Sumner Sticks with Friedman

Scott Sumner won’t let go. Scott had another post today trying to show that the Cambridge Theory of the demand for money was already in place before Keynes arrived on the scene. He quotes from Hicks’s classic article “Mr. Keynes and the Classics” to dispute the quotation from another classic article by Hicks, “A Suggestions for Simplifying the Theory of Money,” which I presented in a post last week, demonstrating that Hicks credited Keynes with an important contribution to the demand for money that went beyond what Pigou, and even Lavington, had provided in their discussions of the demand for money.

In this battle of dueling quotations, I will now call upon Mark Blaug, perhaps the greatest historian of economics since Schumpeter, who in his book Economic Theory in Retrospect devotes an entire chapter (15) to the neoclassical theory of money, interest and prices. I quote from pp. 636-37 (4th edition).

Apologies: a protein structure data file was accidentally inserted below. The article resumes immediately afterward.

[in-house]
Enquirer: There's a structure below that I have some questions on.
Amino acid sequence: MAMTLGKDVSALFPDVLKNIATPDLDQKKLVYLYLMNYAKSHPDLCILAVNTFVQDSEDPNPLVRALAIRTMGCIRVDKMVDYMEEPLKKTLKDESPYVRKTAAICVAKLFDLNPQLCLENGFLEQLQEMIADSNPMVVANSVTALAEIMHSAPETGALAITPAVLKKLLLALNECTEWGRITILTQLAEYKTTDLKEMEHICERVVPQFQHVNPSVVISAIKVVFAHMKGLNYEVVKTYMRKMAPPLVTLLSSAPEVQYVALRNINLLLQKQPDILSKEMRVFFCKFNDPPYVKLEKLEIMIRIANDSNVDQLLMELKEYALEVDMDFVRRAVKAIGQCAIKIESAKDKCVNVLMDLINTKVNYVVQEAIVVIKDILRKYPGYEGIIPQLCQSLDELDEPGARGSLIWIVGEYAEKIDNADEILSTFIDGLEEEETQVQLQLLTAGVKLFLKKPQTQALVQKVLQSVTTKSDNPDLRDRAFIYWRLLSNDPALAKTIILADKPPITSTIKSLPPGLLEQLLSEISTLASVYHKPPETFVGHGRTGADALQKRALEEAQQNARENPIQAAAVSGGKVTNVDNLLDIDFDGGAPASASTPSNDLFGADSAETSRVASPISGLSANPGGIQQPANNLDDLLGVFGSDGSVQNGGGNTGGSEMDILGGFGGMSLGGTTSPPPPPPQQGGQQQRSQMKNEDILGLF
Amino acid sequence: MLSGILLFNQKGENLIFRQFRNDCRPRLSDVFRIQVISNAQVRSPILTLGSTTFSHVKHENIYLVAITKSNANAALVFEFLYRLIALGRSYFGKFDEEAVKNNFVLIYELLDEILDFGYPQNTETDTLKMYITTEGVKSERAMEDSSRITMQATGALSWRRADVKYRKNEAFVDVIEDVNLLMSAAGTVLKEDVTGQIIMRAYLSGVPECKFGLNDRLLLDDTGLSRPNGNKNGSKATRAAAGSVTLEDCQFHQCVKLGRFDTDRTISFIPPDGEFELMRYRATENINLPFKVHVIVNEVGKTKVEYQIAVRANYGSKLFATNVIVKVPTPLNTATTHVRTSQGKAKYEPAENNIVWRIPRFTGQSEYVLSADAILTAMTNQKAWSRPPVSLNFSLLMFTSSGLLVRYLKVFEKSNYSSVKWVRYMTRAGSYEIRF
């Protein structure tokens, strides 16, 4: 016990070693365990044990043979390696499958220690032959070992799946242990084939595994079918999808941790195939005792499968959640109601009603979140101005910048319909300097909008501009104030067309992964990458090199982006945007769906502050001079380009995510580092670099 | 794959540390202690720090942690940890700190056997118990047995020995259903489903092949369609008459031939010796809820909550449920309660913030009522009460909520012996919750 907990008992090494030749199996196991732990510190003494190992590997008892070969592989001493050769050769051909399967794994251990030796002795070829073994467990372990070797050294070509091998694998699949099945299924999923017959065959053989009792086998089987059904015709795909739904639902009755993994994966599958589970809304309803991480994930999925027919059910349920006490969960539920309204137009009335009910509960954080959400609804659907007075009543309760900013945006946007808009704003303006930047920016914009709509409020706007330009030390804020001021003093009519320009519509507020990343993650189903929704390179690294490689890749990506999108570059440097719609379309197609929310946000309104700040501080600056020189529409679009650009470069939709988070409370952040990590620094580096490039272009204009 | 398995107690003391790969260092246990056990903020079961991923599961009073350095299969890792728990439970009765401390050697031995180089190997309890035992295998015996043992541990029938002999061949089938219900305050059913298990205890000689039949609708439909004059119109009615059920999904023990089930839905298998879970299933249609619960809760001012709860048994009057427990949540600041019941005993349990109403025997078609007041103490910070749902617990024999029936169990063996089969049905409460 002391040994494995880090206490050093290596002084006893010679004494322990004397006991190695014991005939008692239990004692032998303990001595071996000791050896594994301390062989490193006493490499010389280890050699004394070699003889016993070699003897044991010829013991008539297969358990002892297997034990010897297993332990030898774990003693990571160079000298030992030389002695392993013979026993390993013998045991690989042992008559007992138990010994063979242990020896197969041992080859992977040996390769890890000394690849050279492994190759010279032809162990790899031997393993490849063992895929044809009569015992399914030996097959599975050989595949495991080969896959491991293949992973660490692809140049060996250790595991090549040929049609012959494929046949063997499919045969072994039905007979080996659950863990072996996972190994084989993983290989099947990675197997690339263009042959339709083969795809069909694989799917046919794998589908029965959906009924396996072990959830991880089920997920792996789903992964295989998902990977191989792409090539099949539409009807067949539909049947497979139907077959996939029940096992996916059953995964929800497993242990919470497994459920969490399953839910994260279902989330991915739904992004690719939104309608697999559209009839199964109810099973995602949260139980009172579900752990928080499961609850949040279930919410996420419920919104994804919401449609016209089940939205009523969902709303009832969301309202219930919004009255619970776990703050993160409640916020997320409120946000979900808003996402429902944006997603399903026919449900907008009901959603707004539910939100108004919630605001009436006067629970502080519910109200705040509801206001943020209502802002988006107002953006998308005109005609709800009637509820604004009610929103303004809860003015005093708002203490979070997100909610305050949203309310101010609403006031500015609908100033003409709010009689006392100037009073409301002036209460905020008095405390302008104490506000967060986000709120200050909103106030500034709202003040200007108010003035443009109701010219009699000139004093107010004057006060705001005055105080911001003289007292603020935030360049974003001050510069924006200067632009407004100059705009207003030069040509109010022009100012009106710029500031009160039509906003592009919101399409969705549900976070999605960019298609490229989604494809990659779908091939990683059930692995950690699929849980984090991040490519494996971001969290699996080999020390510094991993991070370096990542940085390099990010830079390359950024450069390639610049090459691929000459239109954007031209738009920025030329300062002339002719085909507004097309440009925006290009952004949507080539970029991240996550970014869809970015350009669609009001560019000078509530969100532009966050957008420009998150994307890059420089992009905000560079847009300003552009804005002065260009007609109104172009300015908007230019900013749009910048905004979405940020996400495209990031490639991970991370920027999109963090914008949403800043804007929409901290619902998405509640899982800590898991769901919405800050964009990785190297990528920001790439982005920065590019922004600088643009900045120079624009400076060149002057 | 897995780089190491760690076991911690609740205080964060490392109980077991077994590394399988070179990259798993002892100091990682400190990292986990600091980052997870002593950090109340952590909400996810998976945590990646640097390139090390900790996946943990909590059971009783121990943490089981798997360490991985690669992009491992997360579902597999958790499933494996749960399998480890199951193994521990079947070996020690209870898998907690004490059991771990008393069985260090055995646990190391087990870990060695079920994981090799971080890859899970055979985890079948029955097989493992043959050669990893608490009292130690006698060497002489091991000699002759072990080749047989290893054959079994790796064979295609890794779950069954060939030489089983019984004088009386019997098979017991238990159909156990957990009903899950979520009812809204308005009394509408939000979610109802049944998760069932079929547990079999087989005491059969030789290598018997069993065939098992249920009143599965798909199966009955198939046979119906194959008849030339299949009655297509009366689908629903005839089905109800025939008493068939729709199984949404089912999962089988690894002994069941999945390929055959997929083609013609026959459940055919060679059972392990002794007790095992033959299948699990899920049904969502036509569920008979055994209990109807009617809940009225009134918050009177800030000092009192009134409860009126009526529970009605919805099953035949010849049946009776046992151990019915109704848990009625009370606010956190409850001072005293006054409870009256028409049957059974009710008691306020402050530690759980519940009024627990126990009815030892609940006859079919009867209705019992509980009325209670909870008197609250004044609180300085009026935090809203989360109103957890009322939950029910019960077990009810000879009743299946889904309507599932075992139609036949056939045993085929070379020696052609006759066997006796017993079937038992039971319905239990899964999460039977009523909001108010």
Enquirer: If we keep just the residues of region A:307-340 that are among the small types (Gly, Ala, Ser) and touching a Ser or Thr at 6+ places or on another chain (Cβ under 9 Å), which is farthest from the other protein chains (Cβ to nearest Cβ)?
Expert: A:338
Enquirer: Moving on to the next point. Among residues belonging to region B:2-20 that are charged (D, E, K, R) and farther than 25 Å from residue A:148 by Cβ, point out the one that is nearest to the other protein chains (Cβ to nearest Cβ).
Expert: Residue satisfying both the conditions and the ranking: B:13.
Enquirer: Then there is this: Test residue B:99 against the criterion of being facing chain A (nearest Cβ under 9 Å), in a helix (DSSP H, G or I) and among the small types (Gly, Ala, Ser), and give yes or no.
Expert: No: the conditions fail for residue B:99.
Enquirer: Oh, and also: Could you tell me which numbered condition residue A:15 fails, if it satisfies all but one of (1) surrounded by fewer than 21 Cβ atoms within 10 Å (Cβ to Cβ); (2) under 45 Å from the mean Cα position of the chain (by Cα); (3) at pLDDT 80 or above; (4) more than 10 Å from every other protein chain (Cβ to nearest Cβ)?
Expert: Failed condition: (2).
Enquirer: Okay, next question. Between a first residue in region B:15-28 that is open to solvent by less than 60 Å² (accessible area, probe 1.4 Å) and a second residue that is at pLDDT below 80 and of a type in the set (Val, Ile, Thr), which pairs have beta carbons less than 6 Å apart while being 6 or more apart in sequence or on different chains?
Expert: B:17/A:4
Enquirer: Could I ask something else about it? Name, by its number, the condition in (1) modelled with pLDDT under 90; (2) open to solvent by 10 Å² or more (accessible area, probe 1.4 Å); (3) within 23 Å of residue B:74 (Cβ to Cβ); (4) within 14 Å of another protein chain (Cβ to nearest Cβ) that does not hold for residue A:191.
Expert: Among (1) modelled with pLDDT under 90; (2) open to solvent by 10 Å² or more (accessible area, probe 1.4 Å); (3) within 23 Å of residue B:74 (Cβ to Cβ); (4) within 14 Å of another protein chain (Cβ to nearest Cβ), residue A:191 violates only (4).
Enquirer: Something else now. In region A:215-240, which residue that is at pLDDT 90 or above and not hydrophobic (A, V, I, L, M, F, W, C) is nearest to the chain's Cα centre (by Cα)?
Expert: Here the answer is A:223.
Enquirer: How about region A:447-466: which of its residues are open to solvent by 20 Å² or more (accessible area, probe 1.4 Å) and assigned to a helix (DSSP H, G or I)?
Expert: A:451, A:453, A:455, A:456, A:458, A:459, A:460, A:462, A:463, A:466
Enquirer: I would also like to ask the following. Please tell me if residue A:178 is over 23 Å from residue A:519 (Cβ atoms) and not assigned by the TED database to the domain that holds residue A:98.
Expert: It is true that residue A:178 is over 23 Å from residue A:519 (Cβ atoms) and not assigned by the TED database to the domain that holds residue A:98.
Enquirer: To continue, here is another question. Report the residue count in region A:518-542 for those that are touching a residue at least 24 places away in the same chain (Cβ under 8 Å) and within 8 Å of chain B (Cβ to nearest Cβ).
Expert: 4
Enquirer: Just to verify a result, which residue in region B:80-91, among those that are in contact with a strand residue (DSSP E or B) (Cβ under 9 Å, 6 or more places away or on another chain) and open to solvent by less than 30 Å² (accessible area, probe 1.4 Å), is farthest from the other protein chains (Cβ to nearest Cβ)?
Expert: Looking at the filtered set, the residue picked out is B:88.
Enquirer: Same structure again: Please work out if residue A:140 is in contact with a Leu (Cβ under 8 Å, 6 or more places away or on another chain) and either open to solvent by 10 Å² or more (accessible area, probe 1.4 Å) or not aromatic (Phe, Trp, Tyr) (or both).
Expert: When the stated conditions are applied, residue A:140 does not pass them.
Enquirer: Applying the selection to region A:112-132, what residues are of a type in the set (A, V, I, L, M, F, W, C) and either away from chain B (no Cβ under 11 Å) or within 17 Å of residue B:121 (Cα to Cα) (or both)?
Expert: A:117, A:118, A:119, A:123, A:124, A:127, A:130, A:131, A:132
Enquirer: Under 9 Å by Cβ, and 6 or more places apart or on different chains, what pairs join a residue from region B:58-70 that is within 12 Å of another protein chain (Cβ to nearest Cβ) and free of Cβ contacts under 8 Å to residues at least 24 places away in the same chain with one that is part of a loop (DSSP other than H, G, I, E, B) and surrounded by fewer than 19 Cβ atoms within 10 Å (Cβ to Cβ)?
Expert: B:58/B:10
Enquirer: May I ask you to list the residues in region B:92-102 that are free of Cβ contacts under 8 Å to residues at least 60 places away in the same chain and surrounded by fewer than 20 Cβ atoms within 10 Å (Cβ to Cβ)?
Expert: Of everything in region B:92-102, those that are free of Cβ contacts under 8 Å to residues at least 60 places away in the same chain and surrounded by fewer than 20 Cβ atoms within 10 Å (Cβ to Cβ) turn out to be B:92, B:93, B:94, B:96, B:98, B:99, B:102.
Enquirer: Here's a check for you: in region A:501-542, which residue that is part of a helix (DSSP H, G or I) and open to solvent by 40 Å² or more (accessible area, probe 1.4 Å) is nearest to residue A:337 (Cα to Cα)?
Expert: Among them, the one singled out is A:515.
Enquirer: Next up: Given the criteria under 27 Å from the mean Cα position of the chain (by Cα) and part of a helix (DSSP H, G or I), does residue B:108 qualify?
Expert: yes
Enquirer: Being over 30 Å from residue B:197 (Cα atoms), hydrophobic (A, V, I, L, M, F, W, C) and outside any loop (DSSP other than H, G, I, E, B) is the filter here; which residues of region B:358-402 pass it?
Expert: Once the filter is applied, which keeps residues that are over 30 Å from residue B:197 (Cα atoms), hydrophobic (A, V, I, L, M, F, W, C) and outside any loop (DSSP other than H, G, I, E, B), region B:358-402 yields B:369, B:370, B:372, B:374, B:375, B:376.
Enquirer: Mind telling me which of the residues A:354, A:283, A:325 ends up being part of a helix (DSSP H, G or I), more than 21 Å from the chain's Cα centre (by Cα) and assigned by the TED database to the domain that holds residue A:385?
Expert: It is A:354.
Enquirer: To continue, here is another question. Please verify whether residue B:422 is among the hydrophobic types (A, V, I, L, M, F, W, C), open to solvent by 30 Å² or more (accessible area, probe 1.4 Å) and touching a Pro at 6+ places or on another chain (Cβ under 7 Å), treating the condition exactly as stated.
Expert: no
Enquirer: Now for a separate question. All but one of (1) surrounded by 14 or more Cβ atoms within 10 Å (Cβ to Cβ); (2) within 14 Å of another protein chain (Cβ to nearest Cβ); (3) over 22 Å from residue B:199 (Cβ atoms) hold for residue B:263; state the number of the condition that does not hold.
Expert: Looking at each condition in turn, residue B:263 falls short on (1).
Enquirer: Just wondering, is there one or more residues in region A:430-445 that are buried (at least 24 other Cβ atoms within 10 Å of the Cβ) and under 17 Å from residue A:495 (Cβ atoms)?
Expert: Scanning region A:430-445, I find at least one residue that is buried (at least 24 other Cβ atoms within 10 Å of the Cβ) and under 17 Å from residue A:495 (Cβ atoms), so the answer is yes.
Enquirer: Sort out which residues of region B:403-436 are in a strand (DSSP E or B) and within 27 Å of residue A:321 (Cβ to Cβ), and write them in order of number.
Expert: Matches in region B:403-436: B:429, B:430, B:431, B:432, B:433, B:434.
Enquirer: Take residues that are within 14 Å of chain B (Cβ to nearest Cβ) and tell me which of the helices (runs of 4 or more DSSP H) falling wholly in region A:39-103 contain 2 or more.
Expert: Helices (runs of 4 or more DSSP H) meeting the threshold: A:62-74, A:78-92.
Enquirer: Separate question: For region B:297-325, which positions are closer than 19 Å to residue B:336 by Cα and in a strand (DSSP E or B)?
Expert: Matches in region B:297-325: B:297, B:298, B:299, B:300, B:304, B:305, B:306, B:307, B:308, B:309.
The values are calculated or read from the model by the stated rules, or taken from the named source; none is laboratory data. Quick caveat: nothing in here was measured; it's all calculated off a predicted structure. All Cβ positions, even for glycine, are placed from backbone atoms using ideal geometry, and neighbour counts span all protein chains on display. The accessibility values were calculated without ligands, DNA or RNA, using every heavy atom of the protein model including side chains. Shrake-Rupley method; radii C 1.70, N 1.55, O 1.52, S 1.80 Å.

Marshall and his followers went some way to move the theory of the demand for money in the direction of ordinary demand analysis, first, by relating money to net output or national income rather than the broader category of total transactions, and, second, by shifting from money’s rate of turnover to the proportion of annual income that the public wishes to hold in the form of money. In purely formal terms, there I nothing to choose between the Fisherian transaction approach and the Cambridge cash-balance approach, but the Cambridge formulation held out the potential of a genuine portfolio theory of the demand for money, which potential, however, was never fully exploited. . . .

The Cambridge formulation implies a demand for money equation, D_m = kPY, which contains no variable to represent the opportunity costs of holding cash, namely the rate of interest or the yield of alternative non-money assets, analogous to the relative price arguments of ordinary demand functions.